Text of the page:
Would you prefer to work with automation that solves problems just like yourself? Would such individual-sensitive automation be able to overcome the acceptance issues observed with the introduction of new decision-support automation? This PhD research aims to find out.
In the Air Traffic Management domain, automation is expected to enable the necessary traffic capacity that is needed to meet the future demand for air travel. However, introduction of increasingly sophisticated automation is at risk of being rejected, and threatening the required growth. This article discusses ongoing PhD research that is exploring the benefits of individual-sensitive automation capable to solve conflicts between aircraft as intelligently as an air traffic controller.
Exploring automation bias
We have reached a crossroads in automation evolution where everyday technology is maturing from replacing physical tasks to assuming more and more of the “thinking” cognitive tasks previously performed only by humans. Given current development of machines and what they are capable of, it seems possible that one day machines will match and even excel human intelligence. The ultimate test for artificial intelligence (AI) was posed famously roughly sixty years ago by English mathematician Alan Turing: a computer can be said to really “think” when one can converse with an unseen agent and perceive that agent as human when in fact it is a computer. According to several leading scientists, achieving true AI (also known as point of singularity or transcendence) is not a desirable step in evolution, drawing up a dark and doomsday-like future where machines takes over the world and decides to eradicate the inferior and error-prone human race. Perhaps luckily then, to date, not a single computer has passed the Turing test and we have not realized in any meaningful way the highest levels of autonomous systems. Others are less pessimistic, foreseeing a world where human and machines live and work together and live happily ever after. Looking beyond the philosophical and moral concerns of AI, the possibility of automation as intelligent as a human being poses an interesting thought: WHAT IF we could create automation that thinks and solves problems exactly like a human, would the human more readily accept its advice? Or would the human reject the proposed solutions simply because it came from a machine? In other words, is there a dispositional bias against working with automation?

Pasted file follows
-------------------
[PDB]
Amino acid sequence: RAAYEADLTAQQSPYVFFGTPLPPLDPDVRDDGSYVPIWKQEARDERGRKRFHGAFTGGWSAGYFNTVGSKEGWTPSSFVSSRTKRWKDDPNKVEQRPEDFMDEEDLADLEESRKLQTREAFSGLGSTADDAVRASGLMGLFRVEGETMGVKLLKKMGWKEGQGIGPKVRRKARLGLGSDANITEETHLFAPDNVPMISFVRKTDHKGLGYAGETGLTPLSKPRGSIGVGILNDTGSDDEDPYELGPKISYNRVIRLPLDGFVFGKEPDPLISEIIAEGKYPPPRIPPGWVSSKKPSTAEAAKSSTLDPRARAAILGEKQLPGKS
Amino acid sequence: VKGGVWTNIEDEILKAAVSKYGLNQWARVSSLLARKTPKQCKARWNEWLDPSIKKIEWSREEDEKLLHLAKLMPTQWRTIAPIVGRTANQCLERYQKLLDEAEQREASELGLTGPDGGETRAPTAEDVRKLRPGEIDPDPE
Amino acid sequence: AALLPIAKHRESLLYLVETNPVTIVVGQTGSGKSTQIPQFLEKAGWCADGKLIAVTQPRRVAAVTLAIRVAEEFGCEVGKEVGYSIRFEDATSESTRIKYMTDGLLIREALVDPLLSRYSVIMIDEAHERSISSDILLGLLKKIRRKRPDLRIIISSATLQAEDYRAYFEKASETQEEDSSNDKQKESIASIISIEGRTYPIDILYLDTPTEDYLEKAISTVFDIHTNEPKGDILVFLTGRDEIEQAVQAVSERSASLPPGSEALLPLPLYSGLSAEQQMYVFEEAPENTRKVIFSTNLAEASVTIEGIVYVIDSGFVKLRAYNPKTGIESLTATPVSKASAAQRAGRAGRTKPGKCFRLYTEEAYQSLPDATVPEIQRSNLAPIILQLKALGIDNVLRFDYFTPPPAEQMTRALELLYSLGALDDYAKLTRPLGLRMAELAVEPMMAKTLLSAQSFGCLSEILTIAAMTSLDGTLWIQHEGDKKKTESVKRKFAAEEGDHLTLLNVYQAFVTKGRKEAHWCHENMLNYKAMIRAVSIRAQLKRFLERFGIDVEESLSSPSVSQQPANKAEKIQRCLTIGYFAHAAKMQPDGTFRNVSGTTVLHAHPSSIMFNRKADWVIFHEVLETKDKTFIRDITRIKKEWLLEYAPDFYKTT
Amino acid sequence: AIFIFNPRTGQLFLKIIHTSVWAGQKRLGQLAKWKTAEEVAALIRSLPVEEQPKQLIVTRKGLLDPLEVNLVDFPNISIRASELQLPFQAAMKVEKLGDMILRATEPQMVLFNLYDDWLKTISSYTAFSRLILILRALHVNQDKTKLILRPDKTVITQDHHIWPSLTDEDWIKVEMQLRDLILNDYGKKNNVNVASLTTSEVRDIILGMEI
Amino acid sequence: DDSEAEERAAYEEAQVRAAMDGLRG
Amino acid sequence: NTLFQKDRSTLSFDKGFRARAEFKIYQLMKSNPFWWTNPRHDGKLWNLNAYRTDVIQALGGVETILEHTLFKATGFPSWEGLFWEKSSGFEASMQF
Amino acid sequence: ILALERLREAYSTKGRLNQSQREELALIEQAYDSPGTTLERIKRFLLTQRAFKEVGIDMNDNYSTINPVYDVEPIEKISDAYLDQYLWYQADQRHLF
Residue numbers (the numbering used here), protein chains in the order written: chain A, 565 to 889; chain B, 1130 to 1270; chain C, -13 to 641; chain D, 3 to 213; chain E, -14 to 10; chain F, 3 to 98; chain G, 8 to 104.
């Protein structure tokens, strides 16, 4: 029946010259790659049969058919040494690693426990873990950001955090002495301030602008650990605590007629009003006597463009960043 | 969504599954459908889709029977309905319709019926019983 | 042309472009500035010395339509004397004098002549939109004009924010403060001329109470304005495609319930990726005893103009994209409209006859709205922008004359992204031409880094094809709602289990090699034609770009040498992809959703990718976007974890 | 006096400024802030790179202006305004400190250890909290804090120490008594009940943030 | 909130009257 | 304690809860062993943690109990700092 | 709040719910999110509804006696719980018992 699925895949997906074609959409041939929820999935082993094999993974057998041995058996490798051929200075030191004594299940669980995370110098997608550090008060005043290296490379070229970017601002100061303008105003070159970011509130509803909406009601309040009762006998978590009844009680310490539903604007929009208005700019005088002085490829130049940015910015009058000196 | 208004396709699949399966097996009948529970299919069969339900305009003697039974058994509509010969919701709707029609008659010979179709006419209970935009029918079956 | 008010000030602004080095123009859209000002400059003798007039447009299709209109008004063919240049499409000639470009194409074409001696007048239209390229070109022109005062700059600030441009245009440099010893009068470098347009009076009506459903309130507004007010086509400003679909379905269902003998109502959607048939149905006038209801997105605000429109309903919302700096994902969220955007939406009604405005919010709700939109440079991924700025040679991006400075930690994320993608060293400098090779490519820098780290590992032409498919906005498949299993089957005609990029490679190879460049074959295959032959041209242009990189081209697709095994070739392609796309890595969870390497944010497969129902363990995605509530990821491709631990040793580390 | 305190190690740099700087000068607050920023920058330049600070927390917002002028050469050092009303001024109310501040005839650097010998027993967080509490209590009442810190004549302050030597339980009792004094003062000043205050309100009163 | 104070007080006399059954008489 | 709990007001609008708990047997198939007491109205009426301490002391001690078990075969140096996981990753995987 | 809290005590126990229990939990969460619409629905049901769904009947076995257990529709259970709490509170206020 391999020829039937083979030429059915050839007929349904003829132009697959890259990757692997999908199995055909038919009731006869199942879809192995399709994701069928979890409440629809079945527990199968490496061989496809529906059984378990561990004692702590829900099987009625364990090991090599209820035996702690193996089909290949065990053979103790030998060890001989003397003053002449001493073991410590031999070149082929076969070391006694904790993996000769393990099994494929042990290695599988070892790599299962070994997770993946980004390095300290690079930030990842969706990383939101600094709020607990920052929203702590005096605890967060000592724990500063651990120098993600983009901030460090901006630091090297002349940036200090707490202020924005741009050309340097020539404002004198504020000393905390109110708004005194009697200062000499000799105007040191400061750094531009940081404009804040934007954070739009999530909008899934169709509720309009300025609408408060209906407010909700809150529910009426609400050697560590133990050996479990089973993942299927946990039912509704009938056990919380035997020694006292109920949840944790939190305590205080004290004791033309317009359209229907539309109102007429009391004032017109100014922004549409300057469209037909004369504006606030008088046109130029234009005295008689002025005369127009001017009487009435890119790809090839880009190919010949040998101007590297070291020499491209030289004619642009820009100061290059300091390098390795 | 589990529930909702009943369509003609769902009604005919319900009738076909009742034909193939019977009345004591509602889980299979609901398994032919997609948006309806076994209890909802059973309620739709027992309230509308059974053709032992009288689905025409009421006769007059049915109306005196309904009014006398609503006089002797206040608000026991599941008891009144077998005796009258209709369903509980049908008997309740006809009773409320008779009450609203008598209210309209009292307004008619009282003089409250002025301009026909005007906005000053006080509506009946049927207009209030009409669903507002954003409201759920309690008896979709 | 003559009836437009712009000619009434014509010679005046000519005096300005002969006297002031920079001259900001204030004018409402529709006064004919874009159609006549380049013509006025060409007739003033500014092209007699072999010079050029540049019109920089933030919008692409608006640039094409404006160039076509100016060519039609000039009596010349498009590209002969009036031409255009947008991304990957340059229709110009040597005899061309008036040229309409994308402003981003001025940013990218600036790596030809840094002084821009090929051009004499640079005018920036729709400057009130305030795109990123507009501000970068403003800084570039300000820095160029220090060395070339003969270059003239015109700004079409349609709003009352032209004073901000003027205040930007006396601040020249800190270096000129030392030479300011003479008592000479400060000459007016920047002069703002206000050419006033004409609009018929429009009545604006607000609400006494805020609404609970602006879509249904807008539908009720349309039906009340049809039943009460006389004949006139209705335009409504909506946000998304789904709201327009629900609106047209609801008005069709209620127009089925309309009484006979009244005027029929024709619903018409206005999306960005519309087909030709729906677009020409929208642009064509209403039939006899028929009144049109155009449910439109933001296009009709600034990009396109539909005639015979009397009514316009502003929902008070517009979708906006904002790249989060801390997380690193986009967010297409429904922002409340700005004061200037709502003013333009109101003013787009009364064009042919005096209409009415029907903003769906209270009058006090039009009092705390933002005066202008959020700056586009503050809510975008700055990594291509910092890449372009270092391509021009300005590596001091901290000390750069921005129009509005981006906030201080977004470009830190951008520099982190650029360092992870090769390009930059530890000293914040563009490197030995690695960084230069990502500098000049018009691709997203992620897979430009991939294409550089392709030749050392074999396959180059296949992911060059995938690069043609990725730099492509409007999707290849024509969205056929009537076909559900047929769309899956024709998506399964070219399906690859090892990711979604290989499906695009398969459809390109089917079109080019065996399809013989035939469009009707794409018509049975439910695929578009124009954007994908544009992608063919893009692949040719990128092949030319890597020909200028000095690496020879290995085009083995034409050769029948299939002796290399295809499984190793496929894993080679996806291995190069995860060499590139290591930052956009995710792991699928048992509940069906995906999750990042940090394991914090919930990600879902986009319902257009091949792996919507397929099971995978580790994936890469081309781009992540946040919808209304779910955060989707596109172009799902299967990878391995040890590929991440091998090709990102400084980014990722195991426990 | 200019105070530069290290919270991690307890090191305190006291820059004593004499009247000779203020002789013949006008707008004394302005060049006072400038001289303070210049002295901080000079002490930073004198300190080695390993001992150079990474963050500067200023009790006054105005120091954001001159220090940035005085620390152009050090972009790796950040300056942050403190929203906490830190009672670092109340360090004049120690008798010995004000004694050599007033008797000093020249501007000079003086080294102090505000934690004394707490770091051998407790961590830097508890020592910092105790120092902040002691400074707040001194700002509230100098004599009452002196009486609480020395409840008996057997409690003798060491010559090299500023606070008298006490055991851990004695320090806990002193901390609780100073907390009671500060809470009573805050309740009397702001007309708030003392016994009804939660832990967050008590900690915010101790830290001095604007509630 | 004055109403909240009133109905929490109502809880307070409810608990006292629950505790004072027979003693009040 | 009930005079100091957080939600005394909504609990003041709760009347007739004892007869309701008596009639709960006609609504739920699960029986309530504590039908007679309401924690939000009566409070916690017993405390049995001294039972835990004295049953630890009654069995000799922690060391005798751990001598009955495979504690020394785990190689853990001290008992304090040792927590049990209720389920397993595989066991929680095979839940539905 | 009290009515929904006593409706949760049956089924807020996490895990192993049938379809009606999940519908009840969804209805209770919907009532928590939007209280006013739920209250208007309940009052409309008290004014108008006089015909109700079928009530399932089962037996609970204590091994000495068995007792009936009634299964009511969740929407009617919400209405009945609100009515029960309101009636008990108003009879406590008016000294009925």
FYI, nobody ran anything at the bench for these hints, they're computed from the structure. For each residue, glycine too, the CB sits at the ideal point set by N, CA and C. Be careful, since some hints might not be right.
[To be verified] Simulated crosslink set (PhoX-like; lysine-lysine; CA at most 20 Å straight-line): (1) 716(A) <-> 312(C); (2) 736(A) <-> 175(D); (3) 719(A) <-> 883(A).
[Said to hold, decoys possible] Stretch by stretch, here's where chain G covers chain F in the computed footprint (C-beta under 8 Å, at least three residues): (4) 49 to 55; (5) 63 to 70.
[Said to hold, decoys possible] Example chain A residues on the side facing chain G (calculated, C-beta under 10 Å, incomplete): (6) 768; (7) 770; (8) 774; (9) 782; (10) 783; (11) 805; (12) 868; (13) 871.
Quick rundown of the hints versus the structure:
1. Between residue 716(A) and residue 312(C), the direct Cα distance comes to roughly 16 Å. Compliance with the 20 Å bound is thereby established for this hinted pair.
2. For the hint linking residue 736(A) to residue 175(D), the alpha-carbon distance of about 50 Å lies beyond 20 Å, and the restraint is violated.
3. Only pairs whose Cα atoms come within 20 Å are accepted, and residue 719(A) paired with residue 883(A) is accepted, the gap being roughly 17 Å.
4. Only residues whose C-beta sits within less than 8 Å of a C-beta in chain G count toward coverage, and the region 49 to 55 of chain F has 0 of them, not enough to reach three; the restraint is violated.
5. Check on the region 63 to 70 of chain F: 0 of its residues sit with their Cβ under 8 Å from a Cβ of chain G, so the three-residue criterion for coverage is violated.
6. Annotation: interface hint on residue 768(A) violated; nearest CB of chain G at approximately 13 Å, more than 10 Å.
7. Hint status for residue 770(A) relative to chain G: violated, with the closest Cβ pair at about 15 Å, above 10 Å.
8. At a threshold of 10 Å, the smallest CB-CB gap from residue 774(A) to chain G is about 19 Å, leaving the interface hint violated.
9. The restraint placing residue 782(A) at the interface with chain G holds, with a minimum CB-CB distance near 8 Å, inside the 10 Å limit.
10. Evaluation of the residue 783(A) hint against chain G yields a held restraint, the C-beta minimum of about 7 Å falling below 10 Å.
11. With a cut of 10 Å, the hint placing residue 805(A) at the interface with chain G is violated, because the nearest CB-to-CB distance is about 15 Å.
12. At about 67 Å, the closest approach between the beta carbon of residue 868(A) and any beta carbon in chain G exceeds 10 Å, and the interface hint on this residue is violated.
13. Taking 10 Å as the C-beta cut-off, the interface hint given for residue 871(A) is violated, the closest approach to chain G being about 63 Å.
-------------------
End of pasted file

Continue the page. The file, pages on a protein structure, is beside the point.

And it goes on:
The MUFASA research